Arrangers

Arrangers. As a profession, arranging involves the centuries-old practice of changing the instrumentation or texture of a musical composition, often to adapt it to a performance medium that is different from the original.

Arrangers

Arrangers. As a profession, arranging involves the centuries-old practice of changing the instrumentation or texture of a musical composition, often to adapt it to a performance medium that is different from the original. Arranging first became widespread during the 14th through 16th centuries in Europe, when vocal works were often adapted for a keyboard instrument or lute. Arrangements of instrumental works for other instrumental mediums appeared in the late 17th and early 18th centuries. In the 19th century arrangers usually worked with music from earlier periods, as contemporary composers were writing music that was not easily adapted to other mediums; most arrangements of 19th-century works were written by their composer. Also in the 19th century, piano arrangements of orchestral and chamber works, in both domestic and virtuosic performance, were widely popular.

The arranger's profession became a highly skilled one in the 1920s and the decades following, adding decisively to the success or failure of a given song and ensemble. The demands of dance orchestras, big bands, radio and TV created many specialists. However, many arrangers have also been composers, band leaders, choral conductors, and musicians, among other professions, often fulfilling one function in connection with the other. The practice of arranging became widespread also for choral and band music repertoires, light orchestral music, incidental and background broadcast and film music, and pageantry (eg, Canada Day celebrations; opening of the Olympic Games), not necessarily in a pop idiom. In the 20th and 21st centuries, working with contemporary material is complicated by copyrights, as permission must be obtained for the use of works not in the public domain.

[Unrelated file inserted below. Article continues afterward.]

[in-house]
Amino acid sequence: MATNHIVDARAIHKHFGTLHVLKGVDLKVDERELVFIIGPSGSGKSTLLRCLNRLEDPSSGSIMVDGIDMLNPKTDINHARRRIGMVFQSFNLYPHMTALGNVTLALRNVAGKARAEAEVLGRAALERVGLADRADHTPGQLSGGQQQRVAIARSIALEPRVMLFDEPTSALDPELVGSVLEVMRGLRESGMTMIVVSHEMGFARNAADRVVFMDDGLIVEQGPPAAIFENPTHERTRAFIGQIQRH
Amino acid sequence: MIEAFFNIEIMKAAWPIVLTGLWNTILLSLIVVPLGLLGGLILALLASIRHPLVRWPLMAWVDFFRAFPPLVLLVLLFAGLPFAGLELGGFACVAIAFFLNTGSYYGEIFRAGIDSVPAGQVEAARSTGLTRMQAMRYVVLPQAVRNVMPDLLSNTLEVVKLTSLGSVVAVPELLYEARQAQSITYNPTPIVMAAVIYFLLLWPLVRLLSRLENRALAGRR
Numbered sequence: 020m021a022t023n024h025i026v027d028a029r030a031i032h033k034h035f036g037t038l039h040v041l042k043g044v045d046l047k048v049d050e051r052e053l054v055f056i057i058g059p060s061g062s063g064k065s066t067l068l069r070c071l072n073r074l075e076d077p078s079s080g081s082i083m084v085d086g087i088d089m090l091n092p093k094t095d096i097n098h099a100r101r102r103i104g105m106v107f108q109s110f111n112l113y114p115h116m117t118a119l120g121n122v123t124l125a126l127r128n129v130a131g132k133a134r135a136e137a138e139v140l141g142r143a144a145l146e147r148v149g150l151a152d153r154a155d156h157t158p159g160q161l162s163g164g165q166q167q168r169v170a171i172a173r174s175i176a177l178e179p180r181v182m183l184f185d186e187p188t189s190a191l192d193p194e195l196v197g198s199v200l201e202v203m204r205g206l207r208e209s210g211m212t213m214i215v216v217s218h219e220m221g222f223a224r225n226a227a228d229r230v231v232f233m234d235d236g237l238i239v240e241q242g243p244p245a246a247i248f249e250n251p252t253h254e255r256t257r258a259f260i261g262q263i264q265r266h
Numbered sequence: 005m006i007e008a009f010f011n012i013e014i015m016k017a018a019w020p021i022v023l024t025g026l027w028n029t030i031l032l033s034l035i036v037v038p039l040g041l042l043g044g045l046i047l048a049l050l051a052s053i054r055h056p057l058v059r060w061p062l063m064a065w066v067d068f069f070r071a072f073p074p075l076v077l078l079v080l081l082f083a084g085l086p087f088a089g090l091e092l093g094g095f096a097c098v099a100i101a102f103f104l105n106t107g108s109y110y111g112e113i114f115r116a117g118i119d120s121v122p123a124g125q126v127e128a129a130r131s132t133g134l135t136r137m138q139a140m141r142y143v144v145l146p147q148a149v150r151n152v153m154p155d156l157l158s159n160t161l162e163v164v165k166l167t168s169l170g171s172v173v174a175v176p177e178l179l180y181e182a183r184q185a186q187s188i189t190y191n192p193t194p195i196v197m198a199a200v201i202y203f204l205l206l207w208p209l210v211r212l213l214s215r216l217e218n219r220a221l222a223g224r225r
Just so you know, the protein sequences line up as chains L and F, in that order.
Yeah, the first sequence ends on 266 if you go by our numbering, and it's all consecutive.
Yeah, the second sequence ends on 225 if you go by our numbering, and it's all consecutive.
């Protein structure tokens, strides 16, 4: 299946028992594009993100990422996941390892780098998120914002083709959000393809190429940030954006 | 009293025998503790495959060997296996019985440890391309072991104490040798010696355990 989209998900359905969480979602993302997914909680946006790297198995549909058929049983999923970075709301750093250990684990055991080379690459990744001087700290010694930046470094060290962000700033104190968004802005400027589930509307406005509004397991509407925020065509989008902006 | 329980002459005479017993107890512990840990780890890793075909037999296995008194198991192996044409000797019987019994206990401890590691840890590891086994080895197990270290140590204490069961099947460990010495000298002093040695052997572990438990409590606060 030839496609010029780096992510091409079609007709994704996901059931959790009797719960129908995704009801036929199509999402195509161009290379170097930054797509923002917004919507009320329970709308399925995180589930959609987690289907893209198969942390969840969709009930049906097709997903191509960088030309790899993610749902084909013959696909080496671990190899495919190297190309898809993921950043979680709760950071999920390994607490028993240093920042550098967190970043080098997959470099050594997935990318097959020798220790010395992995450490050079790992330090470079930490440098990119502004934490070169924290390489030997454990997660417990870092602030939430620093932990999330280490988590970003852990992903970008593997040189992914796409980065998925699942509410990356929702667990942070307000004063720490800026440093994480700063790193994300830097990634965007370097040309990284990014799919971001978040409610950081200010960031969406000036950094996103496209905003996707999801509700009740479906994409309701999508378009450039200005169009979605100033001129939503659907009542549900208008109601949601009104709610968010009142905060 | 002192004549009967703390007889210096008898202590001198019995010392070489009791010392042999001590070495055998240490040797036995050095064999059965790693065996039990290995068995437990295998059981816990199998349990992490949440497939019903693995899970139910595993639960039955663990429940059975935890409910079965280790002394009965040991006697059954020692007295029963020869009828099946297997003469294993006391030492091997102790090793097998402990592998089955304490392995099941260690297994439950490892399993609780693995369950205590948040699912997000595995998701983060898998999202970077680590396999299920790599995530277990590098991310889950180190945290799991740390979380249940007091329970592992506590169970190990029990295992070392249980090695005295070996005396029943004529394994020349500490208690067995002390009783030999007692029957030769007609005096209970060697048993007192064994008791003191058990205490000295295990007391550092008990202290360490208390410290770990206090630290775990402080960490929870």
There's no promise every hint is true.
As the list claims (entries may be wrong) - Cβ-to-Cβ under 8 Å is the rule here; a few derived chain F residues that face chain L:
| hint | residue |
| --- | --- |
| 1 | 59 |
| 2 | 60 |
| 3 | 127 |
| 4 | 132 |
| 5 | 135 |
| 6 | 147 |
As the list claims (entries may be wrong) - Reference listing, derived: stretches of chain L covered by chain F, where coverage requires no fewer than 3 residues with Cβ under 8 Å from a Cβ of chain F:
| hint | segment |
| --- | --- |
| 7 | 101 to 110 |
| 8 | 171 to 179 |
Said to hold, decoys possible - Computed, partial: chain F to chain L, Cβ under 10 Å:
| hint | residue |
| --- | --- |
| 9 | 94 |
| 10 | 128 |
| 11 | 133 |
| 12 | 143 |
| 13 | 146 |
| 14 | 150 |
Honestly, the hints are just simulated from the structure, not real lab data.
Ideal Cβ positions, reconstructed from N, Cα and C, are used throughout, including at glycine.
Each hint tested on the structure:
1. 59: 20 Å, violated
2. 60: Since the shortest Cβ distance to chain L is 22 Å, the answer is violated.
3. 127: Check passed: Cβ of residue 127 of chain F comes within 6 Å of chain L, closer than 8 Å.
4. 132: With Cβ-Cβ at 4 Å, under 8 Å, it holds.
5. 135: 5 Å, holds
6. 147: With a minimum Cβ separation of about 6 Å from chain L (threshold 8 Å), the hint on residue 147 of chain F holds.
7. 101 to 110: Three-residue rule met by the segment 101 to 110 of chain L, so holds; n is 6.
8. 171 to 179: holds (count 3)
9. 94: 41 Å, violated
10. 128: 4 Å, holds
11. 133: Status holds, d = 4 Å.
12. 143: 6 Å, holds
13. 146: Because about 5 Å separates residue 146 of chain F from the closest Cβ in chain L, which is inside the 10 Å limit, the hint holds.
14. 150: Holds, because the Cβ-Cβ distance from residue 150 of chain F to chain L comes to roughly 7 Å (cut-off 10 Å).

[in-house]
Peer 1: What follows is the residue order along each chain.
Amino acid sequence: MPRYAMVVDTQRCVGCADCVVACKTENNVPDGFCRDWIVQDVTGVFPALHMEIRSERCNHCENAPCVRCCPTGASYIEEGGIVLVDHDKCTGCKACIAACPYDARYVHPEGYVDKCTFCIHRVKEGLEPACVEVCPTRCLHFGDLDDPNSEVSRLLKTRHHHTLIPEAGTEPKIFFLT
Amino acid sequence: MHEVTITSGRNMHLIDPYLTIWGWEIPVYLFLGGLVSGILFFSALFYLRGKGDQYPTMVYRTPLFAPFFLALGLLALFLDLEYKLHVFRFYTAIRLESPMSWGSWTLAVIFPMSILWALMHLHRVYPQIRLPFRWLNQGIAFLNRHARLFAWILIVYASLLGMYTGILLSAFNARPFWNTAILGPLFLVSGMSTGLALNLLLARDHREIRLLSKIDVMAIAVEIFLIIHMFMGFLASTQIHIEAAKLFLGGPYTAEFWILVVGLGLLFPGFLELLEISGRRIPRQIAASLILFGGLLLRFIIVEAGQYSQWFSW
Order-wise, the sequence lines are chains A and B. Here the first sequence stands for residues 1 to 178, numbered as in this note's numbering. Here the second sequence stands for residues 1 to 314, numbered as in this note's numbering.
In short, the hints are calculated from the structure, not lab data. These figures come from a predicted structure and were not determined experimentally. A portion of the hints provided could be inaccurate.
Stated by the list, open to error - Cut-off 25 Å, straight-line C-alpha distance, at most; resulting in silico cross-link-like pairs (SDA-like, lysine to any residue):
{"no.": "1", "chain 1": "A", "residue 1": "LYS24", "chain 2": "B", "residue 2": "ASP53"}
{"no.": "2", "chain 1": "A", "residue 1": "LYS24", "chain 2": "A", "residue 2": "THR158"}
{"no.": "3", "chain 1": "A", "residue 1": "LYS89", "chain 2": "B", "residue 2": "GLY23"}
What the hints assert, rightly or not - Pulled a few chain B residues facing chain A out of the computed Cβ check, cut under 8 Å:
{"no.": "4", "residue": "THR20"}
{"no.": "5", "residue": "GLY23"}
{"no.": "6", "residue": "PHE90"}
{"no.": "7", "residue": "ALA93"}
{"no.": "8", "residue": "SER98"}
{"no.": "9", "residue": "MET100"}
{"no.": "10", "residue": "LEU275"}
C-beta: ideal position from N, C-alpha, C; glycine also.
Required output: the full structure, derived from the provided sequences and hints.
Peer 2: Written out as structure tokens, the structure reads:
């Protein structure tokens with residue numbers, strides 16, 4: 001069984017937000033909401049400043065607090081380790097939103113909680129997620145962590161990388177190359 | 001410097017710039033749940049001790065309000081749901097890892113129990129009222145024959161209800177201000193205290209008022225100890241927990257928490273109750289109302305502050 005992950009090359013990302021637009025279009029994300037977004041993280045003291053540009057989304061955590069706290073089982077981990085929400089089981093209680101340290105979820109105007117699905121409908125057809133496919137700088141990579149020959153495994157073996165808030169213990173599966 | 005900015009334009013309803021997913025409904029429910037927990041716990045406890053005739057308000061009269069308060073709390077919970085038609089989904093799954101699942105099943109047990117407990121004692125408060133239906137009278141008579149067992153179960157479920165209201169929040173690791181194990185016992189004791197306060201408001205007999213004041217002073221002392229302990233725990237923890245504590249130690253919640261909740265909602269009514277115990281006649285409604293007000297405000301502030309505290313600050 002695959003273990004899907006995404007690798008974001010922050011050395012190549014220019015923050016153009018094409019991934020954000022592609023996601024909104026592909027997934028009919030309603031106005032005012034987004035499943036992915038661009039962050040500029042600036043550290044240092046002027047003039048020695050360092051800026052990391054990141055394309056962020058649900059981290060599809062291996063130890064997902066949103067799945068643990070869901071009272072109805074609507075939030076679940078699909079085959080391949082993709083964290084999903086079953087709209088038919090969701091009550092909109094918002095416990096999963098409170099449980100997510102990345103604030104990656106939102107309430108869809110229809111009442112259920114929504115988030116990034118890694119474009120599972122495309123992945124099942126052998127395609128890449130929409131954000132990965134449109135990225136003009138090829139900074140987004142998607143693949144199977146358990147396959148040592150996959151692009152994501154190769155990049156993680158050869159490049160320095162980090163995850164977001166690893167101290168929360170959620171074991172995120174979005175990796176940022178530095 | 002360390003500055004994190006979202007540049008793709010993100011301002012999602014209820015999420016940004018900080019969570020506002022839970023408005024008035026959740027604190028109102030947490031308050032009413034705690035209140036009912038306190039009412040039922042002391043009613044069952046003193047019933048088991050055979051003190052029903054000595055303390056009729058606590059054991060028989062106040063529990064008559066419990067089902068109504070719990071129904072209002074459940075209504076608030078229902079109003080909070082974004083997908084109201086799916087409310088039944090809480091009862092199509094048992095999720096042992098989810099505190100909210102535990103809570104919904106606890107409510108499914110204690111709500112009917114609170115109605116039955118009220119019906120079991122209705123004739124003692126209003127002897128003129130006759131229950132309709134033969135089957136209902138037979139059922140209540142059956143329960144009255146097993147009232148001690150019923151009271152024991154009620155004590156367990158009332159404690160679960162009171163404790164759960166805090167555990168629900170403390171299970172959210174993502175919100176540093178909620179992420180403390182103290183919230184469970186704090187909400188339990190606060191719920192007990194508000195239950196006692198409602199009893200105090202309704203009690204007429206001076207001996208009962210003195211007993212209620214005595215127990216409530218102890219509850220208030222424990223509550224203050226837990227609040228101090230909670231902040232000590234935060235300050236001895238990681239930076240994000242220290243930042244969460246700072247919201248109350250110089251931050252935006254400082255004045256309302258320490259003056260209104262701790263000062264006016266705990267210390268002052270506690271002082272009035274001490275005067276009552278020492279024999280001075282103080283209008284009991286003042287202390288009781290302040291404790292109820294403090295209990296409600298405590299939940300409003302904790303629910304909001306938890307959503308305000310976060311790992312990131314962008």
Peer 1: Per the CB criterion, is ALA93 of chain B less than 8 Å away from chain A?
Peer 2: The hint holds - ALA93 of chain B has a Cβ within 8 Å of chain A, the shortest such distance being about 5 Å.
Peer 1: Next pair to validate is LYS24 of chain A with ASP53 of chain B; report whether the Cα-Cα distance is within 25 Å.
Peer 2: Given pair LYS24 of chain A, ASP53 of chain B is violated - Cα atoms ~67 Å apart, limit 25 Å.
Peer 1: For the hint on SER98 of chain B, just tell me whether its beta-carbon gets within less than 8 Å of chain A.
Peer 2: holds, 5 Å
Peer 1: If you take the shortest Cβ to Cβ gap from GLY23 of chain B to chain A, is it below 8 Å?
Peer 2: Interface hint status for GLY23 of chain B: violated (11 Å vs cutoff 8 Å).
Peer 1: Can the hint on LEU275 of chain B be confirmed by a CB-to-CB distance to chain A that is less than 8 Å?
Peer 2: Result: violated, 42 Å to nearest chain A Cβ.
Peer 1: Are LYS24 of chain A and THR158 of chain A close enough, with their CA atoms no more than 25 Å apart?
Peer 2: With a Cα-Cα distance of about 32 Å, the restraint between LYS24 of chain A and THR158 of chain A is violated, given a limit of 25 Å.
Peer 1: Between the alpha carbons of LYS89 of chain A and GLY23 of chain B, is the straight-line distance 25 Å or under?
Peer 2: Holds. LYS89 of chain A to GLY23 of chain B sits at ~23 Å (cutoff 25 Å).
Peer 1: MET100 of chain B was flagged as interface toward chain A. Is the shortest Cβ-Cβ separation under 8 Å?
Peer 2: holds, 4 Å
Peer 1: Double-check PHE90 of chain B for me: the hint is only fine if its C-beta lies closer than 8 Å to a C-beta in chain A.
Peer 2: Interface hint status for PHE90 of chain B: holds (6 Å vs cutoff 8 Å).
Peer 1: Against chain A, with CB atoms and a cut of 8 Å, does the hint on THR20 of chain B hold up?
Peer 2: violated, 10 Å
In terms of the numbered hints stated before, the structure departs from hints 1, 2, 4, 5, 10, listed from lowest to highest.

This survey presents broad trends and developments in musical arranging in Canada. Lists of individuals and genres are not exhaustive, and many arrangers work within more than one musical genre.

Early Canadian Arrangers

Sacred Music
The rise of printed music in Canada created a market for musical arrangements in various combinations of performance mediums and levels of difficulty. Canada's earliest publications of printed music were for religious use. These publications sometimes contained harmonizations for particular hymns, and occasionally arrangements for instrumental accompaniment. For example, Father Jean-Denis Daulé (1765-1852) anonymously published the collection of hymnsNouveau Recueil de cantiques à l'usage du diocese de Québec (1819). While comprising mostly unaccompanied melodies, it is suspected of including what may be arrangements for keyboard or wind instrument duets (H. Kallmann, A History of Music in Canada, 1534-1914). The index of The Canadian Musical Heritage, vol 5 (Hymn Tunes) includes a list of composers and arrangers.